When working on an international level, it's important to have a focused and balanced approach to every aspect of your business. From the way that a company negotiates with clients, to the products and services a business provides, everything has to be carefully managed in order to gain a foothold in international markets.
Modern technology has made this a lot easier for many companies. Orders for products can be received worldwide through websites, and communication has become more simple and manageable thanks to new technology like email, broadband phone services, and Internet fax. However, many businesses don't take advantage of this last item--many traditional fax machines are still in use today, despite the fact that faxing over the Internet is superior in nearly every conceivable way. Considering some of the differences between a traditional fax service and an Internet fax service can be well worth the time for any business that's competing in international markets.
For one, Internet fax services allow a single fax number to be used for all of a company's incoming orders. This can be difficult, costly, and even impossible for traditional fax lines, as hundreds of machines and separate lines would need to be installed to avoid dropped orders. Internet fax services receive all of their data through broadband connections, and never report a "failed call" to a fax machine that sends them an order, because no fax is ever dropped. Regardless of how many faxes are being received at any one time, an Internet fax service can handle all of them.
This can create the impression of a large, well run, established company, and image is everything in international markets. It's not just an image, either; Internet fax services make a company more organized, as every received fax can be automatically filed. Faxes received through Internet services arrive as common document types such as PDFs, and it's incredibly easy to search through all received faxes for certain keywords or order numbers. The more business a company handles through its fax service, the more they'll benefit from this better form of organization. Customers' past orders can be easily located, cutting down on the time that customer service centers spend to resolve each complaint or issue with an order. The ordering process becomes faster from the client's end, which results in more satisfied clients that are more likely to return.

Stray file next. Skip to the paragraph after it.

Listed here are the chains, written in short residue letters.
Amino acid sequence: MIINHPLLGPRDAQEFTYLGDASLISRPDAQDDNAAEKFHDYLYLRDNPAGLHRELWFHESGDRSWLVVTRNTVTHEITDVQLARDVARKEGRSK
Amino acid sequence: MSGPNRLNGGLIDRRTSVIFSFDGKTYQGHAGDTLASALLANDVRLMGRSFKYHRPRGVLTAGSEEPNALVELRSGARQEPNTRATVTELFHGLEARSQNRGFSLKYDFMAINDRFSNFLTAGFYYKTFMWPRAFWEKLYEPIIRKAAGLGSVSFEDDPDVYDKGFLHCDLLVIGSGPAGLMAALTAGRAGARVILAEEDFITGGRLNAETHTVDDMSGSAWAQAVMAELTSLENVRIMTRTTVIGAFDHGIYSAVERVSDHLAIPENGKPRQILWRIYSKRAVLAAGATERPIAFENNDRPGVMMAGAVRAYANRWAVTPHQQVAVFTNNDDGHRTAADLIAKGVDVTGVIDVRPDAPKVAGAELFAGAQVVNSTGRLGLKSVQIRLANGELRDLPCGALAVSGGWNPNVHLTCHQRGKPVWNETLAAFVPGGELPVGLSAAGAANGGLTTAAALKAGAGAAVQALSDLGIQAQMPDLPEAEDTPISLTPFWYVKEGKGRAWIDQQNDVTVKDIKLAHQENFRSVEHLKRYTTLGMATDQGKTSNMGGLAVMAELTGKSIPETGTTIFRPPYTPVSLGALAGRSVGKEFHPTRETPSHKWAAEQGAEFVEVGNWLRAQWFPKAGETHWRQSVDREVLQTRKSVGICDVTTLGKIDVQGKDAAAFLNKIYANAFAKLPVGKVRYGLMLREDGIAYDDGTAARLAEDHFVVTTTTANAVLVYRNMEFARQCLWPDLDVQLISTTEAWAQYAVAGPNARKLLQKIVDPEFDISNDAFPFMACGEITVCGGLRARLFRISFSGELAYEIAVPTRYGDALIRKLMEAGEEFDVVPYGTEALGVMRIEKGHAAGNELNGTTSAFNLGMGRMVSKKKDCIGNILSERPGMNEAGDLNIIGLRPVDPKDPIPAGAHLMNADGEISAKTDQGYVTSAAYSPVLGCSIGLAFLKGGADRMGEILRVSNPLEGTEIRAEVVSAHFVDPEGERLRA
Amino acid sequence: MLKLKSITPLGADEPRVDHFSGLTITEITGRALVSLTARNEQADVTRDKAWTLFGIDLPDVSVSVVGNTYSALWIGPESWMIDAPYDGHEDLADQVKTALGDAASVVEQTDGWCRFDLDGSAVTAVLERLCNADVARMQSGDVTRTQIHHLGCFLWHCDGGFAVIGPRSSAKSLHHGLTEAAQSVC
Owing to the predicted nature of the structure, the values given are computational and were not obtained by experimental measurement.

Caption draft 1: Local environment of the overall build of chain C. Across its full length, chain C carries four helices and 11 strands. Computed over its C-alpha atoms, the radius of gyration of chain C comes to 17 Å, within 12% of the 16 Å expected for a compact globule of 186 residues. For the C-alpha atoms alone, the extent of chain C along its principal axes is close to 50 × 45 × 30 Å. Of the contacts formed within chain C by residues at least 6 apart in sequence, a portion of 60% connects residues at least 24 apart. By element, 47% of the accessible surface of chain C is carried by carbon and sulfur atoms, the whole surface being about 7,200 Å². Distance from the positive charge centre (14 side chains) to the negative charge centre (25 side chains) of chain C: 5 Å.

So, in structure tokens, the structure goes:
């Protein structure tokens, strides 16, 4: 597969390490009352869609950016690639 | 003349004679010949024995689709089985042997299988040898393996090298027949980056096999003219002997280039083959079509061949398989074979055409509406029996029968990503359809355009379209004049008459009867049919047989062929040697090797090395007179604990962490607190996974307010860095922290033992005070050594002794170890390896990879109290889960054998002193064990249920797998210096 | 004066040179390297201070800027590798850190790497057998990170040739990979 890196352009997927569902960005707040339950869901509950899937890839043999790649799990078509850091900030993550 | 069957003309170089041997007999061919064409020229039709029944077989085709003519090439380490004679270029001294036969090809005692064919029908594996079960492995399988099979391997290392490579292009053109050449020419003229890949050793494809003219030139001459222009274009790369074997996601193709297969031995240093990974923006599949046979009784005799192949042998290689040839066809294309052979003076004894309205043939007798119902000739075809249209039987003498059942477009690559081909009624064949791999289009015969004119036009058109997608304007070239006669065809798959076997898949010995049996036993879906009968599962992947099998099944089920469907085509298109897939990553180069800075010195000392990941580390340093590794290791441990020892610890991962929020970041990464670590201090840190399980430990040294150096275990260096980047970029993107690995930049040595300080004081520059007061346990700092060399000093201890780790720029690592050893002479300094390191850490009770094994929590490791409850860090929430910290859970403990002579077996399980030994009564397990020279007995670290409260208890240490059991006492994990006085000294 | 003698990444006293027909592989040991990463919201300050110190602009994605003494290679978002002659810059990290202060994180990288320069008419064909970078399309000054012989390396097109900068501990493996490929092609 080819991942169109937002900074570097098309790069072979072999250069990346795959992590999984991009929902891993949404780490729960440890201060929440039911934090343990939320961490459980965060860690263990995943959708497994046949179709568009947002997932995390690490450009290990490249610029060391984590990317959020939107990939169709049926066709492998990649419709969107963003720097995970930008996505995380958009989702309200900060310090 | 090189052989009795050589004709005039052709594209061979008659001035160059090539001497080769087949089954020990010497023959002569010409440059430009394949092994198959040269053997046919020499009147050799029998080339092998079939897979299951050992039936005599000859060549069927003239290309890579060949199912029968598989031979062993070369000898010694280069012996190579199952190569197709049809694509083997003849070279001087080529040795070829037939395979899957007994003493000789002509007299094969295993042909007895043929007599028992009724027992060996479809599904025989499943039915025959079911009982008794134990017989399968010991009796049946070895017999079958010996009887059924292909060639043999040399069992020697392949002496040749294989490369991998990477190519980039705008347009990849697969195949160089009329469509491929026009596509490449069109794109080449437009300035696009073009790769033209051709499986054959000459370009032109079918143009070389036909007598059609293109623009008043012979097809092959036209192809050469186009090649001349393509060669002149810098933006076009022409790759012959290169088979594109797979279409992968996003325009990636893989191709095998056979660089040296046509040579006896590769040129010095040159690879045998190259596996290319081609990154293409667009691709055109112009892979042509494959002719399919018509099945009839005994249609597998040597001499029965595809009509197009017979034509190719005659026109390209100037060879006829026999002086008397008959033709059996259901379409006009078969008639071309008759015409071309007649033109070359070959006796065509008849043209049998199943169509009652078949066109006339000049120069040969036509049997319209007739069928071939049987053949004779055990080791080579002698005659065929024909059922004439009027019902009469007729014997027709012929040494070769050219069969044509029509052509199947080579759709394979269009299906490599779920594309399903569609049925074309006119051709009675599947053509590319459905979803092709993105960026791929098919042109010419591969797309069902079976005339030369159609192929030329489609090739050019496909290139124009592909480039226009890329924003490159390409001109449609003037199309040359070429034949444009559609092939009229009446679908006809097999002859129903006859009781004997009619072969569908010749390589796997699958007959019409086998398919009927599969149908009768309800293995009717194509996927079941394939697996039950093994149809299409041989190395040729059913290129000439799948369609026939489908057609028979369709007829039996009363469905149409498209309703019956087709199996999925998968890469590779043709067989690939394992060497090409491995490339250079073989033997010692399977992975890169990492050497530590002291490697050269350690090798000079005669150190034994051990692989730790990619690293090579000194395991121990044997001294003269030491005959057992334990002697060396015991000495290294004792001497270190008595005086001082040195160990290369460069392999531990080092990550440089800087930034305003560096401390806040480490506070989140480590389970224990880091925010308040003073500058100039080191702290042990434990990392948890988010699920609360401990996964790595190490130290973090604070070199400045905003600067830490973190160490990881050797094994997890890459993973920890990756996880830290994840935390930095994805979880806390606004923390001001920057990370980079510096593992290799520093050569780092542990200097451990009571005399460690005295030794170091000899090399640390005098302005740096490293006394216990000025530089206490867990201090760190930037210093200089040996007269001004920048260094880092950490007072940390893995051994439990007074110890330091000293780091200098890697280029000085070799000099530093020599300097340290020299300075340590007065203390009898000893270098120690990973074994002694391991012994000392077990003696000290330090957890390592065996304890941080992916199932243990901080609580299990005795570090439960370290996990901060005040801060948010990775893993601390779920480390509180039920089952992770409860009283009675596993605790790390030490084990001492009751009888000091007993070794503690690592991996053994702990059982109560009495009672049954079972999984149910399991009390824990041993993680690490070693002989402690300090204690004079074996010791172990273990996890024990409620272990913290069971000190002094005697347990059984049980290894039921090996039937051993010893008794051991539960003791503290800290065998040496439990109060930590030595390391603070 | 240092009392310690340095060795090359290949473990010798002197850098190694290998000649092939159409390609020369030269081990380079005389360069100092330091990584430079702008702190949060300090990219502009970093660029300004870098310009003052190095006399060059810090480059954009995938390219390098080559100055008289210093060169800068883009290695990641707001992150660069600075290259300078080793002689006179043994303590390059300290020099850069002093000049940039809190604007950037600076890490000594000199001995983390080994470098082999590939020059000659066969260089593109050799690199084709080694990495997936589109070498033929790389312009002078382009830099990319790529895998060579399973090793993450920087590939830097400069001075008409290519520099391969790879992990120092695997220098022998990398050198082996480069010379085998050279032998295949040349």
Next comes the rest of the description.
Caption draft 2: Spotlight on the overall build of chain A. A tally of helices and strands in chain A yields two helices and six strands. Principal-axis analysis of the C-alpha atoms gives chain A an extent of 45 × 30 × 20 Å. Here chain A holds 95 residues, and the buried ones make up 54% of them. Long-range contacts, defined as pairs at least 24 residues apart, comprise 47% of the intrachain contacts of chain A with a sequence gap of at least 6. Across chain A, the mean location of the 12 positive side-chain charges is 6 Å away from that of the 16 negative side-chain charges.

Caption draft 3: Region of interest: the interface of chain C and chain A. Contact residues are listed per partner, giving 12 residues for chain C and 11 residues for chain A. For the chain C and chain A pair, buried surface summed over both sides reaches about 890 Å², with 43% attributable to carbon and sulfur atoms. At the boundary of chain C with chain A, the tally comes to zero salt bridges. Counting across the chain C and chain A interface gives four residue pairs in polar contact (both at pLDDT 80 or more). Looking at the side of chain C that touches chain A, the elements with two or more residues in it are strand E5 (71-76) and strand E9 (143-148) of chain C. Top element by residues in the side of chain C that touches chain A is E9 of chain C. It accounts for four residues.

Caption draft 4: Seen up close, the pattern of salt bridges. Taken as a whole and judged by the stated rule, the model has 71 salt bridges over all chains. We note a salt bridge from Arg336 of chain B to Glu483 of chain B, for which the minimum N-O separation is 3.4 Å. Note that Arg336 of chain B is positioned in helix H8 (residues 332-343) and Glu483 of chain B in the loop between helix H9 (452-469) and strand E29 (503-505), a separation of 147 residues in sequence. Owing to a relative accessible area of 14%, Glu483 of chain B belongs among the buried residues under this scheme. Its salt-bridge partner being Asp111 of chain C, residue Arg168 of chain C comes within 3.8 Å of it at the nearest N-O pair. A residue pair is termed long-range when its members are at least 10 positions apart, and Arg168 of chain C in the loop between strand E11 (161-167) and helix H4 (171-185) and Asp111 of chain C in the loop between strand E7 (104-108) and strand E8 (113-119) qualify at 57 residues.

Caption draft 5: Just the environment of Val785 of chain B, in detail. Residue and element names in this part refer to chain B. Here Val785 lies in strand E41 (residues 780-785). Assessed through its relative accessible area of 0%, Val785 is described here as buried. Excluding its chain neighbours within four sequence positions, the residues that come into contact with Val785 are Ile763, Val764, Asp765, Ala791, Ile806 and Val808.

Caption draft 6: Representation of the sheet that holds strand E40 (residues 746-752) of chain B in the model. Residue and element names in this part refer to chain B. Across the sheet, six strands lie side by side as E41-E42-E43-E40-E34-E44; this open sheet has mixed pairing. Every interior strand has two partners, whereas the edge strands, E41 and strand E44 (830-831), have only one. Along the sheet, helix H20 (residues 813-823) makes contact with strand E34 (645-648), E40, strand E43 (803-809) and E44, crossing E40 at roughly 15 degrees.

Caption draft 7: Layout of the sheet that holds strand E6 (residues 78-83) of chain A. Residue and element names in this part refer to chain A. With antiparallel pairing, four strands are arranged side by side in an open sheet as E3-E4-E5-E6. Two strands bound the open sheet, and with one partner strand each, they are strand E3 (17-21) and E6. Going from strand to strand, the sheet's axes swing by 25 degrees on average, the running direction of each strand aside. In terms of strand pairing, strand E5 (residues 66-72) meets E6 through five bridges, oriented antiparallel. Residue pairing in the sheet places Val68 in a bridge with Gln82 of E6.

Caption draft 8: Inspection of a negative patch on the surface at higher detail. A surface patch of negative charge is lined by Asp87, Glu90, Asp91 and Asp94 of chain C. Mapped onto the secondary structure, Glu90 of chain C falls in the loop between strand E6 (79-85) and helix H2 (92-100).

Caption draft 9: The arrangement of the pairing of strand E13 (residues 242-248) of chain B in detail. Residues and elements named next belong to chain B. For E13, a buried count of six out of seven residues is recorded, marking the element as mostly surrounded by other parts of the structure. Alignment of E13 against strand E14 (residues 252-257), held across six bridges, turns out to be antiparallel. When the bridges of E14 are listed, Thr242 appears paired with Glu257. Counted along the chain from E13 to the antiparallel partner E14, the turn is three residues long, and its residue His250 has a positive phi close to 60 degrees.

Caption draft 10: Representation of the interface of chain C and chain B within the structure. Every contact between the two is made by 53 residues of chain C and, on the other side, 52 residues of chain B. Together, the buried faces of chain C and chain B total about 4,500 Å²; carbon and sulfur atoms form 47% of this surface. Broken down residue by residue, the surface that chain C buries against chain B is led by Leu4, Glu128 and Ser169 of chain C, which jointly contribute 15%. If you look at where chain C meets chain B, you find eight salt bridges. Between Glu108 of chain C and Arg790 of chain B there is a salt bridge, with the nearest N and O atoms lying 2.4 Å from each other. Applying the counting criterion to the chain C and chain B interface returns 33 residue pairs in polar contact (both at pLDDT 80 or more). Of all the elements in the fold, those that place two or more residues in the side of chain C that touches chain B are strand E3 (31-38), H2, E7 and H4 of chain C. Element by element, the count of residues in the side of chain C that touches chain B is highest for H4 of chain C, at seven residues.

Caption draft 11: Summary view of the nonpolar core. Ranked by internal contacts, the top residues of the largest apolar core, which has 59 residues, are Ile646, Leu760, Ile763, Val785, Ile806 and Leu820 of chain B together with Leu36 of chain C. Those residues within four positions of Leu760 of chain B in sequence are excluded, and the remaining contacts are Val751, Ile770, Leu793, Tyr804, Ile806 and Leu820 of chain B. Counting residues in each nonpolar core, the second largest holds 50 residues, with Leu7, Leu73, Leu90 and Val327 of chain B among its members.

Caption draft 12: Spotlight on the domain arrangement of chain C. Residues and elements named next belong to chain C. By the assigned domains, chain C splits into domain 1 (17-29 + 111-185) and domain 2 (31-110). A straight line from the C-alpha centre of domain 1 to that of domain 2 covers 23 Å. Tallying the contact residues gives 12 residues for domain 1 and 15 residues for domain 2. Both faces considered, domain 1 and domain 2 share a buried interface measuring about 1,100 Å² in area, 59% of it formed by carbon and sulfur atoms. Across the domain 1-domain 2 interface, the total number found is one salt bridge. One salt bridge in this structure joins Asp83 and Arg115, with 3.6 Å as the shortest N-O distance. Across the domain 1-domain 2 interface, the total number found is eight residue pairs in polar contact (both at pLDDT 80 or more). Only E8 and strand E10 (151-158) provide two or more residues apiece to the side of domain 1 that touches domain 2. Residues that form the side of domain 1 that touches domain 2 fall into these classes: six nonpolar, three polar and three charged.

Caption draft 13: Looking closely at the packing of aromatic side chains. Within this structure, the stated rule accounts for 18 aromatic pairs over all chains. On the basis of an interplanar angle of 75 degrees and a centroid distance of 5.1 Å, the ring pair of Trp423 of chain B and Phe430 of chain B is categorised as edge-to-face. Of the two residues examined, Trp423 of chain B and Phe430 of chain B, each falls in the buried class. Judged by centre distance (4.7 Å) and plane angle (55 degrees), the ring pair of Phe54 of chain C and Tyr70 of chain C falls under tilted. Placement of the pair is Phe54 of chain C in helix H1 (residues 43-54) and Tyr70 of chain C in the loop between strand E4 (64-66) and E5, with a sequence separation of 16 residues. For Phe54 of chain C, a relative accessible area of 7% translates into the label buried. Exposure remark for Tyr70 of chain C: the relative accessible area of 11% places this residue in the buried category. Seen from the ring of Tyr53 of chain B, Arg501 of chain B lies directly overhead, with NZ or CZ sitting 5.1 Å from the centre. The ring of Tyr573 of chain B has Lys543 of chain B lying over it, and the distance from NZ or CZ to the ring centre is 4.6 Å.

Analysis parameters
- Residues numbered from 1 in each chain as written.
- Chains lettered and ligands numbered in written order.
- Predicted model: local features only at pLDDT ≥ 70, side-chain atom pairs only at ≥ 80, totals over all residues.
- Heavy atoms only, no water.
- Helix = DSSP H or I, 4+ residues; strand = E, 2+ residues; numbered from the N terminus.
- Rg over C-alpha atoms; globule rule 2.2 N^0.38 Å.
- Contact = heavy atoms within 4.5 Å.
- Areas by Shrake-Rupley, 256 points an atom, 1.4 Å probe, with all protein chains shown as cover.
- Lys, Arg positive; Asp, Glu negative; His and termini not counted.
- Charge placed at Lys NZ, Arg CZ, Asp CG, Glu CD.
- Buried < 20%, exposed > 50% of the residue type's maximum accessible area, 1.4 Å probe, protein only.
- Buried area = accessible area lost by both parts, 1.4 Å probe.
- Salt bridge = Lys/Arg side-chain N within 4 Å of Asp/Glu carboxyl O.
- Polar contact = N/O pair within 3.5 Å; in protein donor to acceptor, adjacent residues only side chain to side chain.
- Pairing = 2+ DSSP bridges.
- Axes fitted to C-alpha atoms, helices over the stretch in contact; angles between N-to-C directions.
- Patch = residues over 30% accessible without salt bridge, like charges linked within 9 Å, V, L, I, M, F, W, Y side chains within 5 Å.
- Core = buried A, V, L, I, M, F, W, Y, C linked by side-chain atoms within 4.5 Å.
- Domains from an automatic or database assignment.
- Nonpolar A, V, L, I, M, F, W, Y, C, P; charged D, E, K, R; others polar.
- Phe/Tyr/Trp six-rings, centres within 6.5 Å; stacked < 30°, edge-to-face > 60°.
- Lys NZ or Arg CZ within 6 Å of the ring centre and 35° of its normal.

Internet fax works through existing Internet technology, and as such, any worker who's trained to use email will learn how to use Internet fax services almost immediately. Training can be a major cost for international businesses, but Internet based fax services require almost no training that would otherwise be necessary. This is particularly advantageous for large companies with several international locations, as training becomes more expensive when language barriers are in place.
For those companies with multiple offices, Internet fax services also help with space, as large, unwieldy fax machines become completely obsolete. As mentioned earlier, Internet fax services bring a new sense of organization to a company's fax systems, and less room needs to be budgeted for filing cabinets, printer ink, and paper. These small expenses add up quickly, especially for many of the world's international companies.
The best benefit of Internet fax might be the way that it allows an international business to function as a single, cohesive unit. It's a technology that allows the different branches of a company to act as one, following the same procedures, taking orders in the same way, and handling customers identically (at least for customers that use fax to interact with the company). All international businesses try to project a positive image of their company and brand, and the most fundamental element of a positive image is good communication. Internet fax drastically improves client relations, and as with other digital technologies, it's a vast improvement over its predecessor. Just as letters have gradually been replaced by emails, Internet based fax services are replacing their modem-connected ancestors. For many businesses, it can't happen soon enough.